- Obama ‘cavalier’ in hiding foreign aid order, judge rules
- Prince Charles: Muslims are driving Christians from Mideast through persecution
- Gitmo’s first commander: Close the prison down
- Google’s newest photography find: Just wink and shoot
- Detroit’s Heidelberg art project hit by 8 fires in 8 months
- Pa. police pull people over for random DNA tests for feds
- NASA pushing hard to get back into space game
- Harvard student to face federal charges for bomb hoax
- Ronnie Biggs of ‘Great Train Robbery’ fame dies, 84
- Pope Francis wins another ‘Person of the Year’ — from gay rights magazine
By John R. Bolton
The president fiddles at his domestic altar while the world burns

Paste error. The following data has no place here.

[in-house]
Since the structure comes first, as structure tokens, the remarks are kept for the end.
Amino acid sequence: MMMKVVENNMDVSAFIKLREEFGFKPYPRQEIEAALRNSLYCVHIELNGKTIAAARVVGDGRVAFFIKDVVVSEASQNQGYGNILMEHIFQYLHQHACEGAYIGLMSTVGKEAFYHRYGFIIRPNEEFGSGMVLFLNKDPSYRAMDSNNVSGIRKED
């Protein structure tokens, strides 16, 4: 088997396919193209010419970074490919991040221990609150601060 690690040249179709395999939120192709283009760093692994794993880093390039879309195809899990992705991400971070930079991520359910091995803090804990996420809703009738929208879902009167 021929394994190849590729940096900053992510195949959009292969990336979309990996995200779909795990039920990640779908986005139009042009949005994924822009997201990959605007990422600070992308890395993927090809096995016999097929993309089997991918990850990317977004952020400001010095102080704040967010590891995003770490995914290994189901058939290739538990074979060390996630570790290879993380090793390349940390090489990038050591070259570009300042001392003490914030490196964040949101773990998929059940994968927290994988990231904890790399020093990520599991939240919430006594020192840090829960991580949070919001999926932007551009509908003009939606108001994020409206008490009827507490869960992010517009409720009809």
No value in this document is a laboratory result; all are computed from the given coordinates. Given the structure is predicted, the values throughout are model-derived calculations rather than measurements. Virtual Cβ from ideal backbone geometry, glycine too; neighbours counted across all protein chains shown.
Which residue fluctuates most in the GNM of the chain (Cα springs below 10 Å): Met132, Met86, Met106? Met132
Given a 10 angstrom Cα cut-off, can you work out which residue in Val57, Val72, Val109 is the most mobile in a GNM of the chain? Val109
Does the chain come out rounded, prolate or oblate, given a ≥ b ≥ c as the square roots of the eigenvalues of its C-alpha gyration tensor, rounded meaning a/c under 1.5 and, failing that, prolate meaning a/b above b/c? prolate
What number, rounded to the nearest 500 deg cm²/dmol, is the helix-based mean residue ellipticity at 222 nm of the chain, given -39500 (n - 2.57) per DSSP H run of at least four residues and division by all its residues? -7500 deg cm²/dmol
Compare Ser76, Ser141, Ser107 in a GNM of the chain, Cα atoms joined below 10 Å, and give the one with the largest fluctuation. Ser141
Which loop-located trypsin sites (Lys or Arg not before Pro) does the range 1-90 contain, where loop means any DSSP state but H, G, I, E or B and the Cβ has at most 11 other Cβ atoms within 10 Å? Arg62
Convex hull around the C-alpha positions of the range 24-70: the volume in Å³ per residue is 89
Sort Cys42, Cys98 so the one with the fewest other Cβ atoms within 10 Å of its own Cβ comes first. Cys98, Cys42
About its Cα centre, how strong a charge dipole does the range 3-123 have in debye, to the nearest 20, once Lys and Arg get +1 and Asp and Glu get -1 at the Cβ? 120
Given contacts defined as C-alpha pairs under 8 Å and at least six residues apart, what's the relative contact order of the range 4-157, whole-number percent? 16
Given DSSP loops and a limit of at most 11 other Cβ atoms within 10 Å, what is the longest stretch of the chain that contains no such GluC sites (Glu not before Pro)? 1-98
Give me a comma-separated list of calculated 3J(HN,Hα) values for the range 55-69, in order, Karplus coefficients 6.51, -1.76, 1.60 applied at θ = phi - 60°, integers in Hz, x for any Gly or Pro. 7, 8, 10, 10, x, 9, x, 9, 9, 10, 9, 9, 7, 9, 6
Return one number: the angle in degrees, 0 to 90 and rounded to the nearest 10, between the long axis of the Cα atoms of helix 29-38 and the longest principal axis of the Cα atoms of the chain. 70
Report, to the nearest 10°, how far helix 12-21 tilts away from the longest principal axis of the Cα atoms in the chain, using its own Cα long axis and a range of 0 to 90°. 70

Independent voices from the The Washington Times Communities
Topic - Liu Neng
A victory by protesters against the expansion of a chemical plant in Ningbo proves the new rule in China: The authoritarian government is scared of middle-class rebellion and will give in if the demonstrators' aims are limited and not openly political.
Liu Jun sleeps in a room so small that he shares a bed with two other men. It's all the scrawny computer engineering graduate can afford in a city so expensive that the average white-collar professional can't afford to buy a home.
"The government would need lots of courage to insist on keeping this project. The cost would be too high if the protest escalated to another level," Mr. Liu said. "Since the 18th Party Congress is around the corner, it is very important to maintain stability."
Given that pressure and the fact that many Ningbo officials also have middle-class concerns about air pollution and other quality-of-life issues, the local government found it easier to back off, Peking University sociologist Liu Neng said.